When you plug that beautiful 27″ puppy into your MacBook Pro or Air it works without any trouble: the dock is at the bottom of both displays, and even the menu bar seems to follow you onto whichever monitor you click. Magic!

    Apps however remember which monitor they were launched on last, and if you’ve never had a second display attached to your system then most of them will default to that little laptop screen instead of your new desktop centre piece. This is not an issue if you simply close the lid on your laptop because your graphics card only sees a single display.

    If you do use both displays though, there is a way to tell your Mac which one to launch an app on by default. And here’s how to do that:

    (More …)

     
  • Jay Versluis 11:10 am on November 18, 2014 Permalink | Reply  
    Categories: Windows ( 9 )

    How to restart Windows via RDP 

    Windows IconWhen you’re connected via RDP to a remote Windows machine, the Restart and Shutdown options are not there. Instead they’ve been replaced with only a lonely disconnect option to end your session.

    To restart or shutdown your remote machine we’ll have to use the command line’s shutdown command. Here’s how.

     

    At the Command Prompt (searching usually brings it right up) type

    shutdown /r /t 0

    This will restart Windows. /r means “restart”, and /t specifies the time in seconds (zero in our case).

    If you’d like to shutdown the machine instead, type

    shutdown /s

     

     
  • Jay Versluis 11:50 am on November 2, 2014 Permalink | Reply
    Tags:   

    Categories: Linux, Plesk ( 53 )

    How to install Plesk on CentOS 7 

    Plesk-LogoInstalling Plesk on CentOS 7 hasn’t changed drastically from earlier versions, however CentOS is different than its predecessors. I’ve written an article about how to install Plesk on CentOS 6, but that was 3 years ago and thought it’s time for an updated version.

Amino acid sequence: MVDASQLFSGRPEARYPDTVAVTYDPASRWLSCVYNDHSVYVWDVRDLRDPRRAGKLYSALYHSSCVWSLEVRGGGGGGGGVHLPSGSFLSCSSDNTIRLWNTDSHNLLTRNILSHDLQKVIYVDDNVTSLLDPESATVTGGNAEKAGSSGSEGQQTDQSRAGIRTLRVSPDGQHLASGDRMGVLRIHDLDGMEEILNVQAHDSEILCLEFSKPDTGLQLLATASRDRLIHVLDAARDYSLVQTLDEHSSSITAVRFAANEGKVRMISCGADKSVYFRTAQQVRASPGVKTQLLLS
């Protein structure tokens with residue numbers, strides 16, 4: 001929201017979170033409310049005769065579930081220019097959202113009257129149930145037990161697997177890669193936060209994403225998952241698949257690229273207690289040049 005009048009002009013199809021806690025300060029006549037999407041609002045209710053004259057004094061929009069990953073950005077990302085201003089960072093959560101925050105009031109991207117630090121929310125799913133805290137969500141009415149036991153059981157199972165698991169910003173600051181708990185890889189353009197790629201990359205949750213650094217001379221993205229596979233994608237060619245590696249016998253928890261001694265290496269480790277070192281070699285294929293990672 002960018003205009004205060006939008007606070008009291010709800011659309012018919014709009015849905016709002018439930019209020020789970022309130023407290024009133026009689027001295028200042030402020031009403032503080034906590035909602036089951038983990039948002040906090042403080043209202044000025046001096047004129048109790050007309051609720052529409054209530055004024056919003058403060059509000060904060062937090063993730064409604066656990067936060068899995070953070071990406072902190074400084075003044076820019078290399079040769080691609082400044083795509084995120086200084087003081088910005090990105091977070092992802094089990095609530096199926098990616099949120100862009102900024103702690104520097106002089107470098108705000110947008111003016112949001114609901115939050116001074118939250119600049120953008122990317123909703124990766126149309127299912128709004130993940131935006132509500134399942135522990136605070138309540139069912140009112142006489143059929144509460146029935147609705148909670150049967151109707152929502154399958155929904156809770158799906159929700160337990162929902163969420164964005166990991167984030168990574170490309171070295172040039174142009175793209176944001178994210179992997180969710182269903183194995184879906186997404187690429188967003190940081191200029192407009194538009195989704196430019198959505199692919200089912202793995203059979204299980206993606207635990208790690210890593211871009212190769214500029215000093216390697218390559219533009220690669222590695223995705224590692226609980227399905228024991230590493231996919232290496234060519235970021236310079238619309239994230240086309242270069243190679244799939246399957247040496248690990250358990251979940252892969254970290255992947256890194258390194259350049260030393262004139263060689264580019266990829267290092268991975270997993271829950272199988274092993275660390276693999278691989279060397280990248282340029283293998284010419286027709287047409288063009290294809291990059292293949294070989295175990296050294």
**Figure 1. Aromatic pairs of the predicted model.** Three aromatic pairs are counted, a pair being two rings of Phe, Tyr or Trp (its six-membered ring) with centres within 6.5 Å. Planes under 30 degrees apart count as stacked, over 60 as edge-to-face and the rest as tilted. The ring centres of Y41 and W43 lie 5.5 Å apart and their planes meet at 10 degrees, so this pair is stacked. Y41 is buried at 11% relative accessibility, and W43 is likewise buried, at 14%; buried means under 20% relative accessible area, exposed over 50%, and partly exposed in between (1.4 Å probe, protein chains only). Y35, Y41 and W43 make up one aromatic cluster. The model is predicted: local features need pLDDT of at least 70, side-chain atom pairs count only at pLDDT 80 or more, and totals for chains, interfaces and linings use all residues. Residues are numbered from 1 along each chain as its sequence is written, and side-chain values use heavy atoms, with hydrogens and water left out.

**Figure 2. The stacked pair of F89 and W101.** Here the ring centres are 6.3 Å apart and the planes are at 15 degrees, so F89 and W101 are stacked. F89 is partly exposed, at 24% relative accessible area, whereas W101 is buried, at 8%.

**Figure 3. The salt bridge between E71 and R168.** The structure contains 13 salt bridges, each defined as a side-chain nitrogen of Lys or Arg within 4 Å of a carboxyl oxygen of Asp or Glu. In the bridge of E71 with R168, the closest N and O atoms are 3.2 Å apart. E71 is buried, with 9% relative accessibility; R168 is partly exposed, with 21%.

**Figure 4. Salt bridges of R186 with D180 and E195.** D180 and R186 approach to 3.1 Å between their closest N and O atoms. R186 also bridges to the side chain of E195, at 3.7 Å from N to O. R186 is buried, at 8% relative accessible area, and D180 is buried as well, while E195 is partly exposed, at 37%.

Well here it is: Plesk 12, meet CentOS 7.

     

    Plesk Documentation

    Much of what I’m telling you and more is documented on the Parallels Plesk website:

    On the left hand side you’ll find a link to the current documentation, as well as handy links to purchase a license if you need to. The link will also answer your questions about the different editions of Plesk and direct you to the Parallels Forum.

     

    One-Click Installer

    The Plesk one-click installer is a script that downloads itself and determines the correct Plesk version for your OS. You won’t accidentally pick the wrong version for your distribution. Paste this and the installer will download the latest version of Plesk (12 at the time of writing):

    wget -O - http://autoinstall.plesk.com/one-click-installer | sh

    If you get an error message, wget may not be installed. Rectify this pitiful situation like this:

    yum install wget

     

    To download older versions of Plesk you can download the one-click-installer file and run it with the option –show-all-releases. This will give you the option to specify your desired Plesk version with –select-release-id. For more information, run the file with the –help option.

    I’ve noticed that the installer is much quicker than on previous versions of Plesk and is finished in under 10 mins (as opposed to half an hour previously). This is presumably due to many packages that are pre-installed with CentOS 7, so not much time is spent downloading stuff. Nice!

    Once finished the installer will give you a URL to login with – usually consisting of your IP, like https://10.1.2.3:8843

     

    Opening Ports for Plesk

    On CentOS 6 and prior the firewall rules were set via iptables. This service is gone and has been replaced with firewalld in CentOS 7. We still need to open ports to speak to Plesk via a browser. The two important ones to open here are 8443 and 8447: